Thanks to Maureen Thorley
by A. J. Sheldrick, P.O.W.
A smile is quite a funny thing
It wrinkles up your face
And when it goes you'll never find
Its secret hiding place
But far more wonderful it is
To see what smiles can do
You smile at one, he smiles at you
And so one smile makes two.
by A. E. Henn, P. O. W
When friendship or love our sympathies move
When truth in a glance should appear
The lips may beguile with a dimple or smile
But the test of affection's a tear.
To often the smile's but the hypocrite's wife
To mask detestation or fear
Give me the soft sigh, whilst the soul telling eye
Is dimmed for a time with a tear.
Mild charity's glow to us mortals below
Shows the soul from barbarity clear
Compassion will melt where the virtue is felt
And the dew is diffused in a tear.
by Bluey Johnson
The whisper of the Austrian pine trees
Sing me songs of you.
The glory of our Austrian sunset
Breaks my heart anew.
Every star that shines, entwines
My aching heart with yours
Every bird reminds me of
The smile my heart adores.
The beauty of the sunlit mountains
Every golden hue
Tells me I'm a lonely exile
Far away from you.
But when the moonlight softly taps
Against my window pane
When the midnight brings me sleep
You're in my arms again.
'Though clouds may blot out the horizon
And the day oft' seem weary and long
Just think of the dawn of tomorrow
And cheer up your heart with a song
For if every day we keep smiling
And stick to our word "Carry on"
The shadows will break into sunshine
And right will soon triumph o'er wrong
by Drum Major A. Welson, P.O.W.
Why has a man a longing for things he hasn't got?
When so many would be happy with only half his lot
So often they are wishing, if only other things they had
The use of eyes and legs and health and that precious gift to hear
Some of our comrades may have lost just one, but yet so dear
So if ever we should grumble, just think over what we've got
For those that lost what we still hold, would be happy with our lot
by An Unknown P.O.W.
When I review the things I love the most
I find a catalogue of simple joys
A blazing fire with tea and buttered toast
A boiling kettle's cheerful, homely noise.
My tiny garden with two apple trees
Cloudy with fragrant blossom in the Spring
The placid midway dappled by the breeze.
Beneath the willows where the thrushes sing
When silence settles o'er the darkened room
And Slumber dulls the edge of memory's pain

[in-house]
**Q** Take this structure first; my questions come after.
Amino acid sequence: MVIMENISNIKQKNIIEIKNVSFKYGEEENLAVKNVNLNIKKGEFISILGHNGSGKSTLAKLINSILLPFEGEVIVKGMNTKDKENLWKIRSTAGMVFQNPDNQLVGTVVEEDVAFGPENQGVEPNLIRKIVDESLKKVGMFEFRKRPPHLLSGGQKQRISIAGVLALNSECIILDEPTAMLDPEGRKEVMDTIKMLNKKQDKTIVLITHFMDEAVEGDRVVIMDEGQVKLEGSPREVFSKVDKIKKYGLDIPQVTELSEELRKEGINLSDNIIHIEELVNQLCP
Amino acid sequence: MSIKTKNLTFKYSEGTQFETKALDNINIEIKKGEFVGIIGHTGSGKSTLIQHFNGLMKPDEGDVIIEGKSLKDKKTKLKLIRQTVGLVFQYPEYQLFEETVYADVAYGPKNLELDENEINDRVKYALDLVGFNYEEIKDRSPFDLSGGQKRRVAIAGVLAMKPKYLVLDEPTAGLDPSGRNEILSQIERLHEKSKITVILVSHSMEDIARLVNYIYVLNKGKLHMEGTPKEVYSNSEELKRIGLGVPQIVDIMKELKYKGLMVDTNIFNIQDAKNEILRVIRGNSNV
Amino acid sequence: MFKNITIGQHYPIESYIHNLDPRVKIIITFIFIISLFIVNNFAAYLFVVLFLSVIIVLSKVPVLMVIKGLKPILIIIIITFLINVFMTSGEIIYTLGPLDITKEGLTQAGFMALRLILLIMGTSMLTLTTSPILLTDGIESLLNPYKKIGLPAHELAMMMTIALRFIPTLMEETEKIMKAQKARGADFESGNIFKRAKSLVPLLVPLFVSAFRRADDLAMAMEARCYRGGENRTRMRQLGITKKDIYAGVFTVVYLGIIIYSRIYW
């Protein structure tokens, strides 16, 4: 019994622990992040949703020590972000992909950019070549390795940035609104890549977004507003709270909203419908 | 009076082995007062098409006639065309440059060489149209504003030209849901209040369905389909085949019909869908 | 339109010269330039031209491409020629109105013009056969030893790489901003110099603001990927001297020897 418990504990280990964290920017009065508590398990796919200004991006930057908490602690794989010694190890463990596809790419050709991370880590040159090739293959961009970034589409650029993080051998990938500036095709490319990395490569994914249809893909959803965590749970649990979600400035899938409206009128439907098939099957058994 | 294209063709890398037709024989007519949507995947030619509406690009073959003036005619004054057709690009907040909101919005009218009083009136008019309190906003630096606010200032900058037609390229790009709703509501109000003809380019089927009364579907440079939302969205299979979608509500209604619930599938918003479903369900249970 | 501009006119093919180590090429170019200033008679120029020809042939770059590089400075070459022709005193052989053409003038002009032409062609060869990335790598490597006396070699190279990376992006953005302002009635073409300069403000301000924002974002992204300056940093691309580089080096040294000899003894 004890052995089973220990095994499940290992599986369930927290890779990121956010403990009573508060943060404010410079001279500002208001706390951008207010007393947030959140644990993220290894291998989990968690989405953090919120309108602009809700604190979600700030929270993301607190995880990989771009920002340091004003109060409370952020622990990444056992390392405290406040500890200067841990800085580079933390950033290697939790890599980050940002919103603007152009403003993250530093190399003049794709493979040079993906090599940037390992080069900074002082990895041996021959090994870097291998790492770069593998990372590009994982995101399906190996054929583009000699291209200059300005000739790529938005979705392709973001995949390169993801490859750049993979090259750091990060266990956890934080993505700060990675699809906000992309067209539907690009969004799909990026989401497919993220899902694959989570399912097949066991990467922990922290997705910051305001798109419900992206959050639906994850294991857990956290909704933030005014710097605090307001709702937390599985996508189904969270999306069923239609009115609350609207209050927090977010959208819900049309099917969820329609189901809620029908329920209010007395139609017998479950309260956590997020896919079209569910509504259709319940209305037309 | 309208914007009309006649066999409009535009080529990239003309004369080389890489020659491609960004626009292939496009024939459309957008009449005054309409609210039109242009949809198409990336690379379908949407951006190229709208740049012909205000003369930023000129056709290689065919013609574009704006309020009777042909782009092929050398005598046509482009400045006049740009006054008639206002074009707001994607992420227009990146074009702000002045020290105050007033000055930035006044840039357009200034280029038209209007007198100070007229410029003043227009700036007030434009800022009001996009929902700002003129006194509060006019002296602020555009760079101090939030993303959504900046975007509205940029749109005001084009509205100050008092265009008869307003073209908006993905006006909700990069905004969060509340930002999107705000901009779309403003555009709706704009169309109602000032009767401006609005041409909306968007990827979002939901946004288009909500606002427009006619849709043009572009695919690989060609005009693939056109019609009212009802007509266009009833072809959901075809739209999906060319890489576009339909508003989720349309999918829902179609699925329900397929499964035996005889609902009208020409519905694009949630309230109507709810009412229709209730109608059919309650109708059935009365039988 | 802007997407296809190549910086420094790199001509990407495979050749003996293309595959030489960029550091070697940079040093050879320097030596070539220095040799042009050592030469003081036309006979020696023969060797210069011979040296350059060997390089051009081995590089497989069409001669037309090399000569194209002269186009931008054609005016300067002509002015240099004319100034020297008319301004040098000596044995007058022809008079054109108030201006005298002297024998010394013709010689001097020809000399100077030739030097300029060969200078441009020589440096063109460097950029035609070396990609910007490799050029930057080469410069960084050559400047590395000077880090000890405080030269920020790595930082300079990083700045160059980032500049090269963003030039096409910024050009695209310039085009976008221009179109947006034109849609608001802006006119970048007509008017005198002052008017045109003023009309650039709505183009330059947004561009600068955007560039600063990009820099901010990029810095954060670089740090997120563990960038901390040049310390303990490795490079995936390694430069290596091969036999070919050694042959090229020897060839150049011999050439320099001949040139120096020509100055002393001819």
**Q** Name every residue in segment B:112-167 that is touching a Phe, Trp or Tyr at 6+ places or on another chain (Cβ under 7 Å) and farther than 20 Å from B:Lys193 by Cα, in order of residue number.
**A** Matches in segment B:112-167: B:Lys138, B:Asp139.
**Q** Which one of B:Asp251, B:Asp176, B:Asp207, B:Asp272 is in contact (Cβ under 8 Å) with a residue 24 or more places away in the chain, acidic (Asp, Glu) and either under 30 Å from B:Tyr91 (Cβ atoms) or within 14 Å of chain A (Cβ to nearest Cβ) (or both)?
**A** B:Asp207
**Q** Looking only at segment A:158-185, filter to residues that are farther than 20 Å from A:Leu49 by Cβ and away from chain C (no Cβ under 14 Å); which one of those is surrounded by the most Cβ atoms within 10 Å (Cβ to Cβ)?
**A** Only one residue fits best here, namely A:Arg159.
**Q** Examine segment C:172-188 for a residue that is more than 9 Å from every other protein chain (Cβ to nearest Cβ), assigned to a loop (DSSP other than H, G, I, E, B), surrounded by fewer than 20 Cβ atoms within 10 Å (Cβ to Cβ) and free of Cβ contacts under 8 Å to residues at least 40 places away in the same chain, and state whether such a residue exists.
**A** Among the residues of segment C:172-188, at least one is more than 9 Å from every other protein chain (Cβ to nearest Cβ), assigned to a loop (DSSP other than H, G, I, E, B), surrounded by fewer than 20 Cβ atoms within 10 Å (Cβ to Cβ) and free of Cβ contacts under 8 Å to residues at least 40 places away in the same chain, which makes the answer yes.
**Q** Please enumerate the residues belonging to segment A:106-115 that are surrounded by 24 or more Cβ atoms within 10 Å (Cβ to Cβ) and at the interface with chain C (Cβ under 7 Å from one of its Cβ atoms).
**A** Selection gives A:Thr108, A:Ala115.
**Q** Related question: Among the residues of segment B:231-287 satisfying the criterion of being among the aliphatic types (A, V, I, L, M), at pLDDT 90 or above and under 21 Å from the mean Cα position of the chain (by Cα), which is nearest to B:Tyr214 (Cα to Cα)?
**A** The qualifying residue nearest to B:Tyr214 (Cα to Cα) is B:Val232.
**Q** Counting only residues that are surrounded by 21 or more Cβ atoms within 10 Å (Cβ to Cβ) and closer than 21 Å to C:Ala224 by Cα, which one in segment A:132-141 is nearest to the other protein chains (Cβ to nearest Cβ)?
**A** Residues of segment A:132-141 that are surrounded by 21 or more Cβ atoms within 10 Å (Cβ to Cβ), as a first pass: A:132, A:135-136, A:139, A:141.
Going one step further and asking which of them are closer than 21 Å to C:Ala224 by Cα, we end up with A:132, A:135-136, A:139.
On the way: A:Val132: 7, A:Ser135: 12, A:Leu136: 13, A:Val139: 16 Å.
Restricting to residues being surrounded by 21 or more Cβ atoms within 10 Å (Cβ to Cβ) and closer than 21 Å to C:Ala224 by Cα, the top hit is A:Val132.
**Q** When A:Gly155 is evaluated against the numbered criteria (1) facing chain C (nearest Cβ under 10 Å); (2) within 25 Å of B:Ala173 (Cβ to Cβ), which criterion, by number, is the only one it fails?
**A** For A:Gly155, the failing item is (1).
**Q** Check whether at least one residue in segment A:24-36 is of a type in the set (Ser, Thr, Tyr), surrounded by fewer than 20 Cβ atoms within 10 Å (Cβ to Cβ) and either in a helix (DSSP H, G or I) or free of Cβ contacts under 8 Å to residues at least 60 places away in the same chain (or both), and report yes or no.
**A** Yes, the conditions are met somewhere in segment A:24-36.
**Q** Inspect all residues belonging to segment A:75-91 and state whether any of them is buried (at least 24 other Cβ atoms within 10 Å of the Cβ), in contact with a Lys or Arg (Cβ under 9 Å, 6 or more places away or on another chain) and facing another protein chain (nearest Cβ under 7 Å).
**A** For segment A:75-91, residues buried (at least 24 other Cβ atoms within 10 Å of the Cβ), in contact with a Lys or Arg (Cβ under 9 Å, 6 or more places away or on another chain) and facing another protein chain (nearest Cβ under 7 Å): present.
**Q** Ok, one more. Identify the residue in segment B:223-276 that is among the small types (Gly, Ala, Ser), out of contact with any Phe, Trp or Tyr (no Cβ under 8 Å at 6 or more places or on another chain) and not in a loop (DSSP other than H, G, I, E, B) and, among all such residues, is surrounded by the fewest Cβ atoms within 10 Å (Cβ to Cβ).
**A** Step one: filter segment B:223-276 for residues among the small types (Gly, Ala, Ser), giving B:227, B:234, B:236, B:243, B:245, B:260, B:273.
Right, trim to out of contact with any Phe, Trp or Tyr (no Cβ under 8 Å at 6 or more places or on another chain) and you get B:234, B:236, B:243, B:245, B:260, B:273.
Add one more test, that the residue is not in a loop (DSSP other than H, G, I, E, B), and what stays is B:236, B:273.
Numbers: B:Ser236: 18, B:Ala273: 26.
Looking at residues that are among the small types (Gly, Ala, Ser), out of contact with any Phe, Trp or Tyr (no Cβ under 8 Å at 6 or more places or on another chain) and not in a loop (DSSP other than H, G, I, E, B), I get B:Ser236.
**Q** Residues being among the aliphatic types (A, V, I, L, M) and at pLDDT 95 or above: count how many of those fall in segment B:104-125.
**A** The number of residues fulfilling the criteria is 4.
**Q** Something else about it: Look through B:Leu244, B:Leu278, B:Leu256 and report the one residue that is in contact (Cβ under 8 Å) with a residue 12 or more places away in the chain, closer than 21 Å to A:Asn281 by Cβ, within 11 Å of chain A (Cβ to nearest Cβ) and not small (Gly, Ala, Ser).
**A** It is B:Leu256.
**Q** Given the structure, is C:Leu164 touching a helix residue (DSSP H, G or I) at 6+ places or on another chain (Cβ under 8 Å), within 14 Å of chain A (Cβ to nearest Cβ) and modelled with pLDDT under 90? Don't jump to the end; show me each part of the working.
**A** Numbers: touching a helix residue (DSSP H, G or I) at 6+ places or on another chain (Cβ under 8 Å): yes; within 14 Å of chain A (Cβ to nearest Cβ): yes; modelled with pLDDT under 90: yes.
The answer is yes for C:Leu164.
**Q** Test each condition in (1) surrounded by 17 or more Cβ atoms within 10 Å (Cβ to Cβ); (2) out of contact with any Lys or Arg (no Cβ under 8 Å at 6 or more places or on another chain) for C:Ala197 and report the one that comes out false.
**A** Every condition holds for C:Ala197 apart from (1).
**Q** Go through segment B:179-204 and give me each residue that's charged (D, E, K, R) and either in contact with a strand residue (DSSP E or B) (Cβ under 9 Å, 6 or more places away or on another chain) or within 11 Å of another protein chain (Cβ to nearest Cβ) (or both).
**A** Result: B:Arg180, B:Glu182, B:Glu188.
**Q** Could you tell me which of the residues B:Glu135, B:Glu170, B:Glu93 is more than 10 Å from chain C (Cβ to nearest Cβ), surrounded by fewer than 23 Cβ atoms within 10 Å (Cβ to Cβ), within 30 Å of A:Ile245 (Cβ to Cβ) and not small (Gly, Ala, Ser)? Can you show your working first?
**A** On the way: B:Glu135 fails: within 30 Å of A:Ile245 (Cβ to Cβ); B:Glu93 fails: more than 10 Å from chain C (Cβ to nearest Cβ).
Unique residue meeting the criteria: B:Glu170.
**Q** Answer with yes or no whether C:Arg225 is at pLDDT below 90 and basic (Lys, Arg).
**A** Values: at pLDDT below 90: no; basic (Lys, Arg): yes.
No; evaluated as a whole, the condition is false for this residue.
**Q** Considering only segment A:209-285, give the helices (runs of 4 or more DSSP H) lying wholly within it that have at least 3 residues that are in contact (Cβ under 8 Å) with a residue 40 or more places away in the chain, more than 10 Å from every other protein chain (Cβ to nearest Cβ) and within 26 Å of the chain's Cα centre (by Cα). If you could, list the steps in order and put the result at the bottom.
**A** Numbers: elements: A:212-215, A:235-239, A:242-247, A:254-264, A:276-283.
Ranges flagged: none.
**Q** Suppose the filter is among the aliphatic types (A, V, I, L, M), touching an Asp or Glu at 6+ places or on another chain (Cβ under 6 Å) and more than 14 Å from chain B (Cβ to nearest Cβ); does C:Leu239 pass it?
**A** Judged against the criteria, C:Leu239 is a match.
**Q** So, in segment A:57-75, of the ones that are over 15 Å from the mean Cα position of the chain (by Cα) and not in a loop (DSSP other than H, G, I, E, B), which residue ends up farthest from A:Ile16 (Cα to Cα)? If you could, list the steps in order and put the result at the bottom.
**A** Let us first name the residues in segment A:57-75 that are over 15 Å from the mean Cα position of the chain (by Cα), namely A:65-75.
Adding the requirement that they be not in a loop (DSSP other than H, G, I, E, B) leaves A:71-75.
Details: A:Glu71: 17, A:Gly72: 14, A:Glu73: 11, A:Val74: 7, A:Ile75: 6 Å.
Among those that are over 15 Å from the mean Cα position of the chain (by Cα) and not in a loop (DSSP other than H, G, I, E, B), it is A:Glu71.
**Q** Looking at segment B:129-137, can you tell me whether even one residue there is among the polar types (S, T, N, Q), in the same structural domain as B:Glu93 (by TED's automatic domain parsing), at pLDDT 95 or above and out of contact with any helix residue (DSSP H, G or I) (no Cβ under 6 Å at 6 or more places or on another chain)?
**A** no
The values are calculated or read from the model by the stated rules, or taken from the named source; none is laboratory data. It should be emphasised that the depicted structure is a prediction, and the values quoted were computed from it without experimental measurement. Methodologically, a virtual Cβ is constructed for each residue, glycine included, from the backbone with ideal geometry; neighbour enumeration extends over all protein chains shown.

These and a hundred other pictures bloom
In slow suceession in my drowsy brain.
A host of dear loved friends with whom
I sink in sleep to dream I'm home again.
Somebody O' Mine
by Norman Bright, P.O.W.
Somebody's makin my life mighty glad
Somebody's kind to me when I feel sad
Somebody's missin' me when we're apart
Precious somebody the pride o' my heart
Somebody's fair to me all the way through
Somebody's trustin' me knows I am true
Somebody's dearer than words can define
Precious somebody, Somebody o' mine..
Take Care of the Minutes
by Cpl. J.S. Henderson, P.O.W. (The Camp)
We are but minutes little things
Each one furnished with sixty wings
With which we fly on our unseen track
And not a minute ever comes back
We are but minutes yet each one bears
A little burden of youth and cares
Patiently take the minutes of pain
The worst of minutes cannot remain.
We are but minutes, when we bring
A few of the drops from pleasures Spring
Taste the sweetness while we stay
It takes but a minute to fly away.
We are but minutes, use us well
For how we are used, we must one day tell
Who uses minutes has hours to use
Who loses minutes whole years must lose.
by Clifford Campion, P.O.W.
I travelled far but in my mind
For thoughts could range beyond my gaze
Fleet winged thought which scaled the peaks
And wended o'er the herdsman's ways
And pierced the copse of pine and larch
And knelt beside the moutain stream
Then onward yet, til' shifting sun
Revealed within its burnished gleam
The life that, and distance banned
I stood within my native land.
But sometimes thought has loaded wings
The world is filled with dull despair
The encircling mountain beauty turns
To sullen, imprisoning barriers where
The pines are torn with crackling winds
The earth emits an acrid tang
The stream turned torrent writhes and fumes.